The Government Campaign To Get More Elderly Individuals To Embrace The Internet Is Extremely Commendable, But Why The Need To Constantly Assess People Based On Age Alone

For a lot of us who are on the internet regularly, it can be impossible to comprehend spending only a day or two without all of the things it can contribute. We are so used to being able to keep up with breaking news stories, get in touch with friends instantly, locate an incredible amount of useful information in no time at all via searches and carry out numerous other things online that it seems unbelievable that quite a lot of people about who have never even used a computer.

A new report states that there are about six million people aged over 55 in the UK who do not have access to a computer and so have never really thought about joining the ranks of internet addicts. So now there is a campaign to get the older generation online and surfing with the rest of us.

It is certainly true that as people become older they are more likely to become isolated, often caused by mobility, vision or hearing problems. Clearly if they can afford joint replacements, Laser eye surgery and a hearing aid, then their quality of life might change substantially, but many could also have outlived many of their contemporaries, which reduces their social circle. So of course, being able to go online and use instant messaging or Skype to interact with family or friends who live a long way away would have a huge impact on many people.

The campaign believes that youngsters who are computer literate should assist with this campaign by teaching their skills to older relations. This is a great idea and well intended, but I chuckle at the concept that ‘the young’ are so much better with computers than other people.

At this point, I should explain that I am in my late forties, and I am a complete computer enthusiast. I use my computer for writing, photo manipulation, audio manipulation, video work and lots more. I am constantly online and if I am away from my laptop for too many hours, I have to make use of my mobile phone to catch up with what is happening all over the world. I use Facebook, Twitter and emails for social contact with friends all over the planet, I shop and bank via the internet, I use the world wide web as my encyclopaedia, dictionary, atlas, telephone directory and news bulletin. (I do begin to wonder if there is a computer screen complaint like getting ‘square eyes’ from viewing too much television. I certainly notice my eyesight getting worse and should probably consider Laser eye surgery rather than having to keep paying out for new glasses.)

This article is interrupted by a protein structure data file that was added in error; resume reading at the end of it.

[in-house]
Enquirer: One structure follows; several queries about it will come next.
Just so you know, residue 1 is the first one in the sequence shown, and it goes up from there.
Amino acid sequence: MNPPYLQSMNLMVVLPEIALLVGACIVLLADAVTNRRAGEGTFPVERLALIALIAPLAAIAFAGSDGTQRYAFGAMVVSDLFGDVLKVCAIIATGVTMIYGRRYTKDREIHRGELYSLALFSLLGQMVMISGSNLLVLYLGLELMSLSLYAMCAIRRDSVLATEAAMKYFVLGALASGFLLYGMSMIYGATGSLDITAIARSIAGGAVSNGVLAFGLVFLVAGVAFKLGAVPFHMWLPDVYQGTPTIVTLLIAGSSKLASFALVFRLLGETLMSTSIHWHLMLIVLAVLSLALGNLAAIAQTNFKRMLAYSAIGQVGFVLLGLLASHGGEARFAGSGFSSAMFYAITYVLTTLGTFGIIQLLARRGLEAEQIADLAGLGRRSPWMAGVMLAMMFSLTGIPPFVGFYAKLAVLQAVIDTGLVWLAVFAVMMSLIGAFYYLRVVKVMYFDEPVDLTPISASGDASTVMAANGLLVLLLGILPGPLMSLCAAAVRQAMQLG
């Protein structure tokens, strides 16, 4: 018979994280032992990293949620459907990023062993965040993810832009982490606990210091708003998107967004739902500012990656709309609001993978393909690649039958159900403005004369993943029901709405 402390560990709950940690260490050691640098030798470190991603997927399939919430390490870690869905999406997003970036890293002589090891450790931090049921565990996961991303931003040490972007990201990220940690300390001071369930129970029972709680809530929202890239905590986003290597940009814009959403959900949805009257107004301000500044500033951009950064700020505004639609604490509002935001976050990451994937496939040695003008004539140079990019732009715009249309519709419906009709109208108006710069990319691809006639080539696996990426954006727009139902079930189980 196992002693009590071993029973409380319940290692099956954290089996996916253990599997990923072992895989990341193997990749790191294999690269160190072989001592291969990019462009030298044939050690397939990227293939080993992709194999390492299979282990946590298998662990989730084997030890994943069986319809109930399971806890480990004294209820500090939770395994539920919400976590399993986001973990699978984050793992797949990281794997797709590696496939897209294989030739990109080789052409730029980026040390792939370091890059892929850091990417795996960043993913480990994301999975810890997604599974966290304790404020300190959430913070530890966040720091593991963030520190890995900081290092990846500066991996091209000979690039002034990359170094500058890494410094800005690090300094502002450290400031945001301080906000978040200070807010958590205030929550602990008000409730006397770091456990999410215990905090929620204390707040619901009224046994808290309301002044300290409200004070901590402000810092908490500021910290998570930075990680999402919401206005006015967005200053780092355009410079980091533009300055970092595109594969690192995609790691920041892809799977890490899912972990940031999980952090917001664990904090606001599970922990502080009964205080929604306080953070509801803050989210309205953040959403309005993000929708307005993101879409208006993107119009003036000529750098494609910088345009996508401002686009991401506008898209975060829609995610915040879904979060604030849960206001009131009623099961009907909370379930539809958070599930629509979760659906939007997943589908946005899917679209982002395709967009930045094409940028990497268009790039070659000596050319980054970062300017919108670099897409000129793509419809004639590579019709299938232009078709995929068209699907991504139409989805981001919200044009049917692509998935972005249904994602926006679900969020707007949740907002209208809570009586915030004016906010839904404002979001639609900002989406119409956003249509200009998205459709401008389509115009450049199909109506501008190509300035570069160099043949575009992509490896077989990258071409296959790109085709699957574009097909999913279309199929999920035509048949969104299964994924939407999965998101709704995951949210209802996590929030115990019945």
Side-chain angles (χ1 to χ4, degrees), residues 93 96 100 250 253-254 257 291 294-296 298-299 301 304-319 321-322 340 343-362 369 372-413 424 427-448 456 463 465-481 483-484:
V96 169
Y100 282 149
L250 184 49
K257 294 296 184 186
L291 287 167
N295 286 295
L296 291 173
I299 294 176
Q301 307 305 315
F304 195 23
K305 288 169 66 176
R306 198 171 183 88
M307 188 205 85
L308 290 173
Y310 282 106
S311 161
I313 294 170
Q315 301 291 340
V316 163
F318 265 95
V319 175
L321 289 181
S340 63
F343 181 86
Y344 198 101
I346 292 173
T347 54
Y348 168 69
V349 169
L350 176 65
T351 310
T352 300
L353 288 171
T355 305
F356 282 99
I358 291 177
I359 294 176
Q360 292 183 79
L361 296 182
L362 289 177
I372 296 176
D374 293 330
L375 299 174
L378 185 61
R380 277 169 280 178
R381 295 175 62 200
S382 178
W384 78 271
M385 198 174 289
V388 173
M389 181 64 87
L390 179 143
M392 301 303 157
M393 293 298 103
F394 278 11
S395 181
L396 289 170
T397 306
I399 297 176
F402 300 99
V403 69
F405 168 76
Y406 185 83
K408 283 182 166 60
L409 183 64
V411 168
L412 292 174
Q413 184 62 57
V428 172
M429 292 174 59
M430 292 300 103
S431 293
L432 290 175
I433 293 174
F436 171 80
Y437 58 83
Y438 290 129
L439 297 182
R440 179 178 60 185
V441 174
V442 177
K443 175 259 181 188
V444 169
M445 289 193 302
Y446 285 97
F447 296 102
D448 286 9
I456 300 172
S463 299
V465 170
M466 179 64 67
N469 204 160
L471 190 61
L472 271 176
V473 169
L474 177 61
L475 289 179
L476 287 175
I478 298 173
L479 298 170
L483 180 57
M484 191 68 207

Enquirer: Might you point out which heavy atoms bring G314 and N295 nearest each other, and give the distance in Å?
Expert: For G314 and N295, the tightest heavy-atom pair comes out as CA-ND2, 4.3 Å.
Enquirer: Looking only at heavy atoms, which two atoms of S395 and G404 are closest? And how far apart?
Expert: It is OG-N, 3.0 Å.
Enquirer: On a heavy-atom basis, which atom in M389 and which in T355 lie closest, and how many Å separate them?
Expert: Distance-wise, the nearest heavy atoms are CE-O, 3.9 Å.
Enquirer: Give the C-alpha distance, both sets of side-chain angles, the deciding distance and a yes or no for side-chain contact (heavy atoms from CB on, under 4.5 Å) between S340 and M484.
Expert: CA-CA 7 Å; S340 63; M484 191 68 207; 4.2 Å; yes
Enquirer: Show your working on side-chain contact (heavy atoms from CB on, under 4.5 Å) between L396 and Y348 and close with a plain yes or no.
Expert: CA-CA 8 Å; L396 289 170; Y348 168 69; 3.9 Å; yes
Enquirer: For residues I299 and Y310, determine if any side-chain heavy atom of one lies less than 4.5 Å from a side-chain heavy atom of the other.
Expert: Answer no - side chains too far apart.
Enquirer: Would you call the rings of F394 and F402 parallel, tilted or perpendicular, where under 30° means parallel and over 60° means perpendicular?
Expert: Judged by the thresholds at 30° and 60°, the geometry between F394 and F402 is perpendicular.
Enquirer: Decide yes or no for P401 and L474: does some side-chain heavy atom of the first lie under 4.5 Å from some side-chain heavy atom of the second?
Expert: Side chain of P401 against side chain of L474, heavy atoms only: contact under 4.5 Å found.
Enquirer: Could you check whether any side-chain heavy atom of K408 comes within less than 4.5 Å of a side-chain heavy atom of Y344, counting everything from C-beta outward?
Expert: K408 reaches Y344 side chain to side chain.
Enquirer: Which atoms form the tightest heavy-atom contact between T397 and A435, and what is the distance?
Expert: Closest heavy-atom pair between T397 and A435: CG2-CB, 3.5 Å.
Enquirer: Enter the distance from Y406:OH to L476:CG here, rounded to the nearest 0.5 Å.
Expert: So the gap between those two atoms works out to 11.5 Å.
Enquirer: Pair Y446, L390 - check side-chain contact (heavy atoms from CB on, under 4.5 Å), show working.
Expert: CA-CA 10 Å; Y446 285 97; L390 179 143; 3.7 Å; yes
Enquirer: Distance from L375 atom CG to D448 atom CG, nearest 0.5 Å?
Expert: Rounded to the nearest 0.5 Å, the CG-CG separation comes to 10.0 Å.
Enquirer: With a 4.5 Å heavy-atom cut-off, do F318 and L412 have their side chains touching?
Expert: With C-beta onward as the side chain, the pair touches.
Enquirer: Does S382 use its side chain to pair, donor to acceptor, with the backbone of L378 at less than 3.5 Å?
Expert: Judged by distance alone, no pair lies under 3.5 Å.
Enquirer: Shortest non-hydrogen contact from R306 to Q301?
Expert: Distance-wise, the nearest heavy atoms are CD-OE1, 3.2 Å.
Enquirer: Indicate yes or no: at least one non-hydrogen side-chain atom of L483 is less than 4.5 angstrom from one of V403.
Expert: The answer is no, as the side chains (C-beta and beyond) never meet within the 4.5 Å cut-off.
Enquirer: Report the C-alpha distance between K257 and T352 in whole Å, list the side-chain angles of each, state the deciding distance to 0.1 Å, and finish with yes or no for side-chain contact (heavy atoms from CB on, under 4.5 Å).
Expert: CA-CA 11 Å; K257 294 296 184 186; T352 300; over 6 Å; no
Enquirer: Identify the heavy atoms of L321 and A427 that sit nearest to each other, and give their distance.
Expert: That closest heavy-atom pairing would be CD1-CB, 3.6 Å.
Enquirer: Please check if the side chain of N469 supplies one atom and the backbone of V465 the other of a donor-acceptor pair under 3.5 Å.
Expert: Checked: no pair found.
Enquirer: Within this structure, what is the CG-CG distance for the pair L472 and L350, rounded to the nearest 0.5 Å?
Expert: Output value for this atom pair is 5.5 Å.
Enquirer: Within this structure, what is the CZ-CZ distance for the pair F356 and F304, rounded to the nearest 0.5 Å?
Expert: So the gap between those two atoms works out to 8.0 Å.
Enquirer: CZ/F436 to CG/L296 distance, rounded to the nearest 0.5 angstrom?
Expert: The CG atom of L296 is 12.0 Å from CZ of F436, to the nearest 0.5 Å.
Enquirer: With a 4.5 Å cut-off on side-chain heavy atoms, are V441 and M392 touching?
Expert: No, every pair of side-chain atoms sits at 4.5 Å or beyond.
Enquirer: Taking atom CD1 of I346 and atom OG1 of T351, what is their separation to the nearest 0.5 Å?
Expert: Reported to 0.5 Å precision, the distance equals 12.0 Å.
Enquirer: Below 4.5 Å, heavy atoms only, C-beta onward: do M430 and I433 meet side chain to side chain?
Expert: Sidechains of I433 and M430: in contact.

So basically, the inference in this report is that younger people must know a lot more about computers than I do! Well, if that’s the case, when I ask a teenager which ISP she is signed up to, I wouldn’t expect her answer to be that she has no idea what I’m asking her!

I do think that everyone should be able to use the huge resources of the internet. The concept should be promoted. However, it does appear that not everyone wants to be computer competent, and a few even seem to enjoy remaining ignorant. Picture this scene – there are ten of us in a pub for a birthday celebration a few days ago, almost all aged between 48 and 52. Only four of us understand that there are different web browsers, and of the four of us, one has only changed from Internet Explorer since her son installed another one. One male is convinced that life would be a lot better if we could just go back to using paper and pen for everything (he is also the type of individual who thinks that DVDs are a bit new-fangled and keeps making do with his decrepit reading glasses rather than invest in Laser eye treatment), and another male is forced to use a computer at work and therefore refuses to use one at home. A married couple declare that they will never get involved with Facebook because it panics them too much (seriously!), and one female mostly uses eBay to spend her husband’s money, but doesn’t even have her own email address and uses her son’s address instead. And these are individuals who are too young to get involved in this campaign!

The opposite of this is my neighbour, aged 79, who asked me if I’d spotted the work van that had been sitting over the road for a few days, and then told me that because she’d been concerned, she had looked it up online to check if the company was legitmate and what the company did, and having done so, worked out that they were clearly doing some work in the empty house across the street.

A relative of mine, who is also aged 79, runs her life via a computer. She has serious difficulties with her sight (for which there is no surgery or Laser eye treatment available), so has to amend the screen settings to make everything bigger, but she very cheerfully keeps in contact with numerous acquaintances across the globe, authors articles for various publications and continues to do work for the charity (for housing for the elderly!) which she has been supporting for years.

I absolutely welcome the attempt to get a lot more people to embrace and understand the internet, but really, can we stop making assumptions about people based on age? I definitely have no intention of conforming to any age related assumptions about my attitudes any day soon!

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